Preparing for emergencies used to be relatively straightforward. You could keep a blanket, jump cables, and a few snacks in your car. You could hide a key underneath a planter, or put tags on your dog and hope for the best if you got separated.
Now, there are thousands of digital options available. Instead, you can remotely start your car from your smartphone, unlock your home digitally, and put a GPS collar on your dog. Technology has revolutionized our approach to preparing for the worst.
No matter how tech-savvy you are, it’s hard to stay up-to-date with emerging technologies. To avoid feeling overwhelmed, think about your priorities. If you live in Arizona, you don’t need to think about making digital preparations for hurricane season. But no matter where you live, it’s a great idea to learn how to program an emergency contact in your phone.
These innovations in emergency response mean that more lives are being saved. From data sharing to social media, people are increasingly interconnected. This has been a huge advantage for emergency rescuers. If someone goes missing on a hiking trip, what was the last photo they posted on their Instagram account? Is their phone on, which can help rescuers track their GPS signals? If a child gets kidnapped, an amber alert sent out to every single cell phone can help track them down.
These emergency response technologies have proved to be lifesavers. As technology continues to evolve, though, you can use it to your advantage. For instance, what about street lights? In the old days, cities used to hire lamplighters. Every night as dusk fell, they’d circle the city and light each lamp for pedestrians, carriages, and horseback riders. As dawn came, they’d extinguish the lamps.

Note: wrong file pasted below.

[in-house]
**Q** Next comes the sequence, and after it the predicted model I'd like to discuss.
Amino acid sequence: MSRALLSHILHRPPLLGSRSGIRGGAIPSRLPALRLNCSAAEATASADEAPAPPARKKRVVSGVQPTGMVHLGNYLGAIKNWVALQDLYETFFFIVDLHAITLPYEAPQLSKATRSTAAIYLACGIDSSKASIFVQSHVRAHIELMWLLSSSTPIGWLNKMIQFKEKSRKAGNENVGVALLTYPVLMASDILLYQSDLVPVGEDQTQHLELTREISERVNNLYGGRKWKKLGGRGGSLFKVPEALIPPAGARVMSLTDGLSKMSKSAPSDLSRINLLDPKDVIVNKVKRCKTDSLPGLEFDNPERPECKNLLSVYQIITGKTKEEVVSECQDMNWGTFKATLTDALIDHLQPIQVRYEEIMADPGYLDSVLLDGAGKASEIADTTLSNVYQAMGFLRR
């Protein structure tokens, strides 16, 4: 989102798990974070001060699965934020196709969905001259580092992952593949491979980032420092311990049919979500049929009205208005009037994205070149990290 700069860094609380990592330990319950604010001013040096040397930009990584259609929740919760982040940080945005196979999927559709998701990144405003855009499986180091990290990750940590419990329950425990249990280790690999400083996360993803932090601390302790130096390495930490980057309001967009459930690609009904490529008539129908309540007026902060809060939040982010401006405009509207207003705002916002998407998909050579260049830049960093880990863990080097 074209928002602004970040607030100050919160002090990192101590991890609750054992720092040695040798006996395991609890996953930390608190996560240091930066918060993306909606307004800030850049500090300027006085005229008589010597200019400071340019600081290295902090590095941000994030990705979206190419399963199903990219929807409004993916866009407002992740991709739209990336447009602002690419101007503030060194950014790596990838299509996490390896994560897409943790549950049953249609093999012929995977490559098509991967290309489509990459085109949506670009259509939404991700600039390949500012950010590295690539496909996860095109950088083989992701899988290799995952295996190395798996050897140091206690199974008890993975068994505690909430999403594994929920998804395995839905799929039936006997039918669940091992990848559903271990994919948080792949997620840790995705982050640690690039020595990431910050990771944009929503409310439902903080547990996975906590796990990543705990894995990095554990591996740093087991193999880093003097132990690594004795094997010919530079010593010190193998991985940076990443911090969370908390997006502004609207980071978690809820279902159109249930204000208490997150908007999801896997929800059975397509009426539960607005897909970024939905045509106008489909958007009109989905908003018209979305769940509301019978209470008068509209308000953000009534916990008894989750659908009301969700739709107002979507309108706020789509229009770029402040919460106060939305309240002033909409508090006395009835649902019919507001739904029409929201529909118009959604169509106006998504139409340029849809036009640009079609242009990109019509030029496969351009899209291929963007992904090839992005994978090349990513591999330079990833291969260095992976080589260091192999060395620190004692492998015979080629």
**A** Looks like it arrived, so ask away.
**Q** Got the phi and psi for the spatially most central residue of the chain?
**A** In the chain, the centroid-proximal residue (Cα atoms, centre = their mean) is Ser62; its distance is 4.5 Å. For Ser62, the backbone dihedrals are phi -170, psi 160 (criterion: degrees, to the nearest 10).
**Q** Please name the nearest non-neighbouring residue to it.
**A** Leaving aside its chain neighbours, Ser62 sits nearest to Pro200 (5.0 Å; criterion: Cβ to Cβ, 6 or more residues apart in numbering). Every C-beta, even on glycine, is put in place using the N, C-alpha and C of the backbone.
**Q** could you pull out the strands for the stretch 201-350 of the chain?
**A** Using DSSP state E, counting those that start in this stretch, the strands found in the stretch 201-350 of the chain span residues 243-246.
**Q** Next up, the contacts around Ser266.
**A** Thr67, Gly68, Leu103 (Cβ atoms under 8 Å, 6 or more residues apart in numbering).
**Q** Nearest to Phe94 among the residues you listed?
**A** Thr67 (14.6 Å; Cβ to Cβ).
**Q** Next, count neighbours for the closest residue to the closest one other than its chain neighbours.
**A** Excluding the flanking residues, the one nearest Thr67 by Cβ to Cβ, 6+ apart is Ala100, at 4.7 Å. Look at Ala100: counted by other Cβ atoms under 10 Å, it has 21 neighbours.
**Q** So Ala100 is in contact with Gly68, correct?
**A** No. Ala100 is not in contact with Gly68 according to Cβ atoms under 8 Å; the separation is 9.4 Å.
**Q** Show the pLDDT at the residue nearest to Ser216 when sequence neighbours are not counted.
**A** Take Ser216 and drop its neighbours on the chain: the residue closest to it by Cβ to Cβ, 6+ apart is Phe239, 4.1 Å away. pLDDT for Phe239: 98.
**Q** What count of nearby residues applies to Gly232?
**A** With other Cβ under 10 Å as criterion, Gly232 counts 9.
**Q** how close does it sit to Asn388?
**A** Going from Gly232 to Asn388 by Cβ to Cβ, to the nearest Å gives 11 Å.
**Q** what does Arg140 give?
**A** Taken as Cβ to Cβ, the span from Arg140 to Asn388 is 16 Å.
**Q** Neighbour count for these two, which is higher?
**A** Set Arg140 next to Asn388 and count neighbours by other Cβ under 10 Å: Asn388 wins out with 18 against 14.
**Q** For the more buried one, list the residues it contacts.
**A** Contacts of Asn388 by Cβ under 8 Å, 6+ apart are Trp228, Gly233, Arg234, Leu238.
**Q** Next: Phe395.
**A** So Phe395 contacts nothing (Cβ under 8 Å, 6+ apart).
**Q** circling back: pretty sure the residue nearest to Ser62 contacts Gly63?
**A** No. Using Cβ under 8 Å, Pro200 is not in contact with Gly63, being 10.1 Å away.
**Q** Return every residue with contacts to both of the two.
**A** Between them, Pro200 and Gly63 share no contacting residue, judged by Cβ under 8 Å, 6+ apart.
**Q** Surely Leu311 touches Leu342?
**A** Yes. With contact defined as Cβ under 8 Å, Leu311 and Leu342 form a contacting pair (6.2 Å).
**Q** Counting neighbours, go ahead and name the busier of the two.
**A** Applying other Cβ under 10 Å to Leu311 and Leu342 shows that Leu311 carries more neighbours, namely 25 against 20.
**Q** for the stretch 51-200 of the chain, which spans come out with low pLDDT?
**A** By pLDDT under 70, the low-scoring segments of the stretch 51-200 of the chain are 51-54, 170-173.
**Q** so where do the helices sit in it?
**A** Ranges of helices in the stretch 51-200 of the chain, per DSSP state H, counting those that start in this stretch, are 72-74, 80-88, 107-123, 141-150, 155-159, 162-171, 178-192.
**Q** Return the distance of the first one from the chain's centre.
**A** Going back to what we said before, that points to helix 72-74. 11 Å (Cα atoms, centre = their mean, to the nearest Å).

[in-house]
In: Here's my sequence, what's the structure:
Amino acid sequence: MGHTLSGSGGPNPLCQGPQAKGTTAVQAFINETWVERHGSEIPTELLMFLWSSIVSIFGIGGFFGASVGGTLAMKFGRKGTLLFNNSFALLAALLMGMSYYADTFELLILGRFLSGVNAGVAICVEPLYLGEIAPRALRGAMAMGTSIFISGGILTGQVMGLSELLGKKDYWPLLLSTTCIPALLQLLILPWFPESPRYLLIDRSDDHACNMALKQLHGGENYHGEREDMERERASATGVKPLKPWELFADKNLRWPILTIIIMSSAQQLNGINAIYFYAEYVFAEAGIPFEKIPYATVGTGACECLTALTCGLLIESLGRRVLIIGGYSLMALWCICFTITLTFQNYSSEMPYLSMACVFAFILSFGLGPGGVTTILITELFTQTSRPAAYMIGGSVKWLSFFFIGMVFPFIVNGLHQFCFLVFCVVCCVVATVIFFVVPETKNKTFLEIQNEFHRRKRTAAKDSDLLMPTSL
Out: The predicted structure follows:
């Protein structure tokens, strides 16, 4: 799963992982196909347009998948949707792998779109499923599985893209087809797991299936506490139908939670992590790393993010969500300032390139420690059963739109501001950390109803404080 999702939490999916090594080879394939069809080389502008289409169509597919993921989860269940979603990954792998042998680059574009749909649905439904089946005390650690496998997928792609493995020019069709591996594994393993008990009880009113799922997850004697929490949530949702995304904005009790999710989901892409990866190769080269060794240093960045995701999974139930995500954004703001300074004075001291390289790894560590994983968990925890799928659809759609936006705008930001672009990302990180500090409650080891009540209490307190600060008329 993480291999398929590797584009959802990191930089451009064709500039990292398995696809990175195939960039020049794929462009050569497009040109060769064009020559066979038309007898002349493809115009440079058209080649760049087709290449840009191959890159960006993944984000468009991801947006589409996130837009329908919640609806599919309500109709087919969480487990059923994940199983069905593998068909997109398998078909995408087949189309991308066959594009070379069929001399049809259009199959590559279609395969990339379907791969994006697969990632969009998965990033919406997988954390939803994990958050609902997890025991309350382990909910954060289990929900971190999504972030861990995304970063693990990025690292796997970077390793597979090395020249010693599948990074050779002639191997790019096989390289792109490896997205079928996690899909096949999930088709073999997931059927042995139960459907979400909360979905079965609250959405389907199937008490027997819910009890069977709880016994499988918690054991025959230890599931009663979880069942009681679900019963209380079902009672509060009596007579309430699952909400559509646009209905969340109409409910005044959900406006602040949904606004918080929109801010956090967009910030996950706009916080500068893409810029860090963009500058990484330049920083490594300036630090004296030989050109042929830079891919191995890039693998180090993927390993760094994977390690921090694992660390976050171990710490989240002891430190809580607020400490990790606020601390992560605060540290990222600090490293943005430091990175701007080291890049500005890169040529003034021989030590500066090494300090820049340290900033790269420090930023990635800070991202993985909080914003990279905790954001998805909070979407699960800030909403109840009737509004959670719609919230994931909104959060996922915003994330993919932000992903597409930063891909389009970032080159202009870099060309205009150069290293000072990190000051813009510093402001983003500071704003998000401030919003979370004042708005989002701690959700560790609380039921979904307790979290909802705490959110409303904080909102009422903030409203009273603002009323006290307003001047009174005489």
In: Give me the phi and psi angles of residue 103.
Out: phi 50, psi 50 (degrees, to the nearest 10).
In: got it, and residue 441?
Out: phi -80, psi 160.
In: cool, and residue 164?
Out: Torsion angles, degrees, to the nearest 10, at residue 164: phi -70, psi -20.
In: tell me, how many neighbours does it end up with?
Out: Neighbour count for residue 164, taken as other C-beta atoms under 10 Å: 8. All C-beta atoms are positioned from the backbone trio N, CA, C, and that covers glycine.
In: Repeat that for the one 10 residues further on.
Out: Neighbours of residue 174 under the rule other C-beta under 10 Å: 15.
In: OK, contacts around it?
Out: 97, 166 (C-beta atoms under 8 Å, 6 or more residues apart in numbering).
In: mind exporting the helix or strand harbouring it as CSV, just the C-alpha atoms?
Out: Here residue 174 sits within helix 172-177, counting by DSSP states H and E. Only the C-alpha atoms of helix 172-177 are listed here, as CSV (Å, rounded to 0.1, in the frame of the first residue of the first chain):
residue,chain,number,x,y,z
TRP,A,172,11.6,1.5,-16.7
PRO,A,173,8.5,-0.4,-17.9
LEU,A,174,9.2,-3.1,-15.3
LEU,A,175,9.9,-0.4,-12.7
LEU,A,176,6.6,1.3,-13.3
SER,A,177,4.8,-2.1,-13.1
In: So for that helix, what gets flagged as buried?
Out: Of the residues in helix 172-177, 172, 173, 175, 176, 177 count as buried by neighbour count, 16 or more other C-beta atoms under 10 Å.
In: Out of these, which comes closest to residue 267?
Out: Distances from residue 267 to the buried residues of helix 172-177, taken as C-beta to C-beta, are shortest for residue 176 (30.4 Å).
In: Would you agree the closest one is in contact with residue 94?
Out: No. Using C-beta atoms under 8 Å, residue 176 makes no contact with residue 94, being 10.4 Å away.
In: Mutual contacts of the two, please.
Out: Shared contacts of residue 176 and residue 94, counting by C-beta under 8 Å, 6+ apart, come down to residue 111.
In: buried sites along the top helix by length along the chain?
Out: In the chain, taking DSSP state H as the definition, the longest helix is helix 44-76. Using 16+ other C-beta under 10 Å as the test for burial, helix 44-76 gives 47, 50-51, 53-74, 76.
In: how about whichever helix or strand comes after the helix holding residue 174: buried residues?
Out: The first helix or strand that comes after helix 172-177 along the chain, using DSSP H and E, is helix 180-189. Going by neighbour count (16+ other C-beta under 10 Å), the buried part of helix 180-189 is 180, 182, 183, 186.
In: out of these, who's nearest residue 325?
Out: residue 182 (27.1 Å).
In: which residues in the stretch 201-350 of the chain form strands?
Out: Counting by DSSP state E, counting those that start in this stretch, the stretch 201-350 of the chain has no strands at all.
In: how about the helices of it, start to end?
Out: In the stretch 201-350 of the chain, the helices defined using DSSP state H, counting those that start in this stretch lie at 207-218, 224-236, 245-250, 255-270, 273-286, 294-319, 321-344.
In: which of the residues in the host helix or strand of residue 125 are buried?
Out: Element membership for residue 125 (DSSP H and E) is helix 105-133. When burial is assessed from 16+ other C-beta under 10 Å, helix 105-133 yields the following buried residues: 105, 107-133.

These days, intelligent street lamps are on the rise. These lamps adapt to movement from pedestrians, cars, cyclists, and more. That way, they don’t waste power and help develop a ‘smart city’ grid. It also prevents wasting power if there’s no one around. If the entire city is evacuated thanks to an emergency, and no one is moving, this can help save energy.
Technology has also helped develop GPS during times of crisis. If you’re trying to evacuate, it’s important that you are made aware of real-time road conditions. Is the interstate closed? Is there heavy traffic along a certain route? Maybe there’s a stalled vehicle on the side of the road or speeding traps ahead. If you’re trying to evacuate a certain area quickly, GPS can help.
As you get accustomed to matching your needs to what technology can provide, your disaster preparedness gets much easier. From mass casualty response delivered by drones to automated wildfire protection systems, technology continues to evolve and serve your most urgent needs.